Here, the full supply chain picture shows that SOXX holds TSMC, as well as its customers: the companies that design the chips and depend on TSMC for manufacturing them. And by extension, the ETF holds the companies that make the equipment TSMC buys to then assemble those chips.

In all, while the data show that TSMC comprises just 4.5% of the fund, investor exposure to the company is far larger than what the weight implies. Using these findings, investors can consider the degree to which TSMC’s performance affects that of SOXX and determine whether to buy or short the ETF.

There are applications in commodities, as well. Using supply chain data, investors can link companies’ two-way specific inputs, the raw materials they use in their products: steel, aluminum, wood etc. By adding these critical inputs into its database, Bloomberg lets investors combine these new data sets with supply chain data to generate returns.

Moreover, commodities investors can segment companies that use steel as an input and monitor their performance and stock price. More fundamentally, they can also track how costs change quarter-over-quarter or year-over-year.

Extending utility into ESG

Looking ahead, the move toward sustainability-related investing practices will likely drive demand for supply chain data as investors look to manage ESG risk across the supply chain.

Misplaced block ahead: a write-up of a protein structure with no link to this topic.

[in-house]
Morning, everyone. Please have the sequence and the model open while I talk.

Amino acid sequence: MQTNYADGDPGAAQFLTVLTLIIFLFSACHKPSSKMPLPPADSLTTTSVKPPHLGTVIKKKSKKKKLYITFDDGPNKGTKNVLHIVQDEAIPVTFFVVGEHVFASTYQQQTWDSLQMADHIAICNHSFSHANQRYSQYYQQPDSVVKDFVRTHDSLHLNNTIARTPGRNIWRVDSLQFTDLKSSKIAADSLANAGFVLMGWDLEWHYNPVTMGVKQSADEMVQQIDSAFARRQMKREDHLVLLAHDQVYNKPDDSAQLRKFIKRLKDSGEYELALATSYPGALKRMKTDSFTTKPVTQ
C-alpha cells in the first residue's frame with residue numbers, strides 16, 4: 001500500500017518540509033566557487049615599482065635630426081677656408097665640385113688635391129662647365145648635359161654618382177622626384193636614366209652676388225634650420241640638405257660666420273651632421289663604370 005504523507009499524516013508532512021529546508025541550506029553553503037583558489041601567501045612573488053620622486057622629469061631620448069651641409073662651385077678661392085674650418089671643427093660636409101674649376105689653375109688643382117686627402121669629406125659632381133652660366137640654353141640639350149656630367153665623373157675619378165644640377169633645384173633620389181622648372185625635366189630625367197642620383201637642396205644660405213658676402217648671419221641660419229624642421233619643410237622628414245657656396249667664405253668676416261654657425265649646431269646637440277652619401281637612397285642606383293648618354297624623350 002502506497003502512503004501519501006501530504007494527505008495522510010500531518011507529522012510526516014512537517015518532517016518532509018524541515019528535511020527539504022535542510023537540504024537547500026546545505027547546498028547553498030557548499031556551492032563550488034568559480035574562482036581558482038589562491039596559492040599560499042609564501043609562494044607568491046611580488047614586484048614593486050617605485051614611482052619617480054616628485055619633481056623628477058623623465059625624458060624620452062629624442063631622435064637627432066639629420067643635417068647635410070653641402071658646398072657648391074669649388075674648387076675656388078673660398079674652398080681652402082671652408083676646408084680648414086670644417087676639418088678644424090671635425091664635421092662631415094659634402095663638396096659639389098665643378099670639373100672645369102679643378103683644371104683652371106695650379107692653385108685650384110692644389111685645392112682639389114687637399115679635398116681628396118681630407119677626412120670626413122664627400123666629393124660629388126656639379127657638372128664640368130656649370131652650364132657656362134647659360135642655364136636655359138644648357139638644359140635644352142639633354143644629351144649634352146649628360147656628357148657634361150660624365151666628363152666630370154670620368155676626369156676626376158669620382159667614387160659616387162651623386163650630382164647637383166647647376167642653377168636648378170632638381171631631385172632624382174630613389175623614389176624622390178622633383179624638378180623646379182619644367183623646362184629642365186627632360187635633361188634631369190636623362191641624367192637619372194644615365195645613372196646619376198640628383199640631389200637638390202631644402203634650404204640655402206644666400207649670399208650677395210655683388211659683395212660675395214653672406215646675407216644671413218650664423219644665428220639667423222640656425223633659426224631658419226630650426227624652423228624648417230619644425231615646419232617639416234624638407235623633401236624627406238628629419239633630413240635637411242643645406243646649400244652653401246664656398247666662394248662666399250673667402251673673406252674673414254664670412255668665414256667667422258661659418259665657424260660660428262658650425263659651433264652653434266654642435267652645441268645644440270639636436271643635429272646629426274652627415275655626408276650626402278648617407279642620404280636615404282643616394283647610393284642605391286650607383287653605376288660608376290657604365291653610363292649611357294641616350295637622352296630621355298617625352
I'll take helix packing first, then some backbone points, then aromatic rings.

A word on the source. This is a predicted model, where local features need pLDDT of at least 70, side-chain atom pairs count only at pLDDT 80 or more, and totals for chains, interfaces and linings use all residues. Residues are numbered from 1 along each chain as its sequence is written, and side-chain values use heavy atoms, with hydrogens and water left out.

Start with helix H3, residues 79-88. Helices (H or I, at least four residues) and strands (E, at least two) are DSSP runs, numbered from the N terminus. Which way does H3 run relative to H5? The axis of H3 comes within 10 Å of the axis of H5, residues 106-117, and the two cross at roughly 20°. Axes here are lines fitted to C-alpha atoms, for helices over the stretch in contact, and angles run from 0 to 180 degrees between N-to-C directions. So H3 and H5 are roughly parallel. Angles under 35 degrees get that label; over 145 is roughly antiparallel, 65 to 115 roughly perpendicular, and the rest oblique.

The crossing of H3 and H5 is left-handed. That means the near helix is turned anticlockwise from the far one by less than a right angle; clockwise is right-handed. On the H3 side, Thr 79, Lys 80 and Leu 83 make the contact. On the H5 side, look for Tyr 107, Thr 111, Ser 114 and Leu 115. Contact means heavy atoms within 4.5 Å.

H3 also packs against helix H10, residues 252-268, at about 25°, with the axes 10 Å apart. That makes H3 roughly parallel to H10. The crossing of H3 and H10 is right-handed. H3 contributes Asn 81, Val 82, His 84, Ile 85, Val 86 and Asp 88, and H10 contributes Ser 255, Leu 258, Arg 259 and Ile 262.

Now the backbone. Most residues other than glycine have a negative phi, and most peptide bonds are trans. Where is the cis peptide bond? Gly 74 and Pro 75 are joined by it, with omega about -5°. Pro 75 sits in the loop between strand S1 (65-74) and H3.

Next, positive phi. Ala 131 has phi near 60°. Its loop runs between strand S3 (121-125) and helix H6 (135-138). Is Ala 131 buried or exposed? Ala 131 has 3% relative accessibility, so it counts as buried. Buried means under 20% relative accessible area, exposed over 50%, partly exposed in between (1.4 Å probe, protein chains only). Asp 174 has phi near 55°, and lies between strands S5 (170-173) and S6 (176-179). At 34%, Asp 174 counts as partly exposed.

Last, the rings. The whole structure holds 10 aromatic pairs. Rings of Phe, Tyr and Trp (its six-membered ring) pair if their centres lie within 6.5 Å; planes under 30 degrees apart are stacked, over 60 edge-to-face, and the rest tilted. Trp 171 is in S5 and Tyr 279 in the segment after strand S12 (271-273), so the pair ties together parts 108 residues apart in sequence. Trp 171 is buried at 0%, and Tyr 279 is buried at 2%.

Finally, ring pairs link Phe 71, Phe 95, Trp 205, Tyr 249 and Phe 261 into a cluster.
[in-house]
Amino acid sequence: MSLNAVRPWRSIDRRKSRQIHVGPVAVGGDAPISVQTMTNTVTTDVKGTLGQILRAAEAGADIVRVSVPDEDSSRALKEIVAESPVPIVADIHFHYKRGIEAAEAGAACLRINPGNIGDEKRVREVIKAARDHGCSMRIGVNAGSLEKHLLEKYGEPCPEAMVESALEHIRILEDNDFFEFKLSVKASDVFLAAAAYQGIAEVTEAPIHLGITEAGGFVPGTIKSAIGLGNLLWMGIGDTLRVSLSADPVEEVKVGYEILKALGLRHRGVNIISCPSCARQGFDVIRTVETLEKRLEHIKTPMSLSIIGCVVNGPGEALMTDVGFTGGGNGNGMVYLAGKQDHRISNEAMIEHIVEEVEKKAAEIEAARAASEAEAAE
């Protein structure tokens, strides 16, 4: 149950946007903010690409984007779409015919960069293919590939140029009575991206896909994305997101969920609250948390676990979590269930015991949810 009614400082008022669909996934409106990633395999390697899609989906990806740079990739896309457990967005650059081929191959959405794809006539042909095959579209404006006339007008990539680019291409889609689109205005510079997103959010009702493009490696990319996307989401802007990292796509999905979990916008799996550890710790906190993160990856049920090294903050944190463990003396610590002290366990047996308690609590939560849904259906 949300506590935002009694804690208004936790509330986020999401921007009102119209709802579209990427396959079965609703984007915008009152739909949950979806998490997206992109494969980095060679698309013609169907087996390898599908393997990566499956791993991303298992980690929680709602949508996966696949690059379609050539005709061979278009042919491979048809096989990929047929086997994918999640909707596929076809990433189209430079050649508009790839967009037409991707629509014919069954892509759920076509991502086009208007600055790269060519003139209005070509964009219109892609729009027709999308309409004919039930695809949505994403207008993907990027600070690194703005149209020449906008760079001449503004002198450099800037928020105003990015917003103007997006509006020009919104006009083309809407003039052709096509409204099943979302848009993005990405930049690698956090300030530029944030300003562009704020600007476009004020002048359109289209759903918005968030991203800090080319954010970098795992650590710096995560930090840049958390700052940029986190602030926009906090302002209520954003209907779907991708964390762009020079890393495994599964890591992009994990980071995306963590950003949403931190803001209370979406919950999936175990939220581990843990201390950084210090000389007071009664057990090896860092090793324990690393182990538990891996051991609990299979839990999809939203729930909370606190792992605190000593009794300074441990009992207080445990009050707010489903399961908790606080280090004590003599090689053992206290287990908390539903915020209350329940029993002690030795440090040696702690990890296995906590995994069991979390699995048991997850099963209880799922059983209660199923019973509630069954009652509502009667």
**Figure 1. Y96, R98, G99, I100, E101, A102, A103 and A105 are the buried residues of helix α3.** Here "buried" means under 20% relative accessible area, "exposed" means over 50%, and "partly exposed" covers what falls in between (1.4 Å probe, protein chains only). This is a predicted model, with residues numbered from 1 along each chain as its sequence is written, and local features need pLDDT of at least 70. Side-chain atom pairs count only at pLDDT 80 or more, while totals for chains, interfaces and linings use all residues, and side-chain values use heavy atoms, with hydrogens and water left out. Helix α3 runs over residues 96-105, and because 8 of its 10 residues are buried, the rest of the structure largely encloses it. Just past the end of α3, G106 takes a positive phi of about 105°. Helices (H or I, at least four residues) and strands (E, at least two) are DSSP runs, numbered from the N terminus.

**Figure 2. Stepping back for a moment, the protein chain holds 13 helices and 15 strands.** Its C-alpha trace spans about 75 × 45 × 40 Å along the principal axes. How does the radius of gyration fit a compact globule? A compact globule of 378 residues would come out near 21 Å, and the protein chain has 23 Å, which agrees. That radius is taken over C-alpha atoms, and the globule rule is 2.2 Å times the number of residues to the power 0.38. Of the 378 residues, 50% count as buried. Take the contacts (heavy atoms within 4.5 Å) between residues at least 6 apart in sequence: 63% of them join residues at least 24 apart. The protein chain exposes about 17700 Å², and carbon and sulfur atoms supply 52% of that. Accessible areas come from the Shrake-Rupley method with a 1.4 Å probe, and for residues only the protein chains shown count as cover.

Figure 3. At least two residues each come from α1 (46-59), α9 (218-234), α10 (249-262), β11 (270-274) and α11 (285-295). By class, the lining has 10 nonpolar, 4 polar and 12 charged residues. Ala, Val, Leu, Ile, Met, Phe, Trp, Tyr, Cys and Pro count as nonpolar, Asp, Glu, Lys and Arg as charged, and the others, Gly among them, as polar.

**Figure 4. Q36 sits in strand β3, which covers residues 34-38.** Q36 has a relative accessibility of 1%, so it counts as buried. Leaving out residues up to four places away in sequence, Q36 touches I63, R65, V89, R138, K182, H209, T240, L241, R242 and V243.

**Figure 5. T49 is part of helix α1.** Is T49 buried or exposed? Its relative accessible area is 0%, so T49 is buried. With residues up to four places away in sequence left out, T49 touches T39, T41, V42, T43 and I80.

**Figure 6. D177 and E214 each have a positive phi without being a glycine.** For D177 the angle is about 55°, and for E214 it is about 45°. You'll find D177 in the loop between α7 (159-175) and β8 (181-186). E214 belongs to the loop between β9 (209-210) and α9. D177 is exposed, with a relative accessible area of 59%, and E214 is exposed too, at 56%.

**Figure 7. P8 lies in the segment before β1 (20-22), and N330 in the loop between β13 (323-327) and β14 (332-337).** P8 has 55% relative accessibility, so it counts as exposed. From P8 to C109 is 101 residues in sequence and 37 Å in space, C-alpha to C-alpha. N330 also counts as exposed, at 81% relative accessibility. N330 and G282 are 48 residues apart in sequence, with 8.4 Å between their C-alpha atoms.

Many investors want to better understand the impact of climate change on their portfolios, which can manifest itself on the fund directly, as well as through the supply chain. In addition, these data sets can help measure a company’s carbon footprint by calculating the emissions related to their supply chain. Combining supply chain and ESG sets shows the greenhouse gas and emissions data of a company’s upstream suppliers and downstream customers, revealing which businesses have supply chains with more environmentally friendly practices.

As alternative data offer ever-deeper insights into corporate processes and workflows, sophisticated investors continue to mine these new data sets to help them measure the impact of signals up and down companies’ supply chains. These data yield a wealth of information on companies’ customers and suppliers, opening wide avenues of investment possibilities and greatly enhancing risk management.

*Data as of November 18, 2019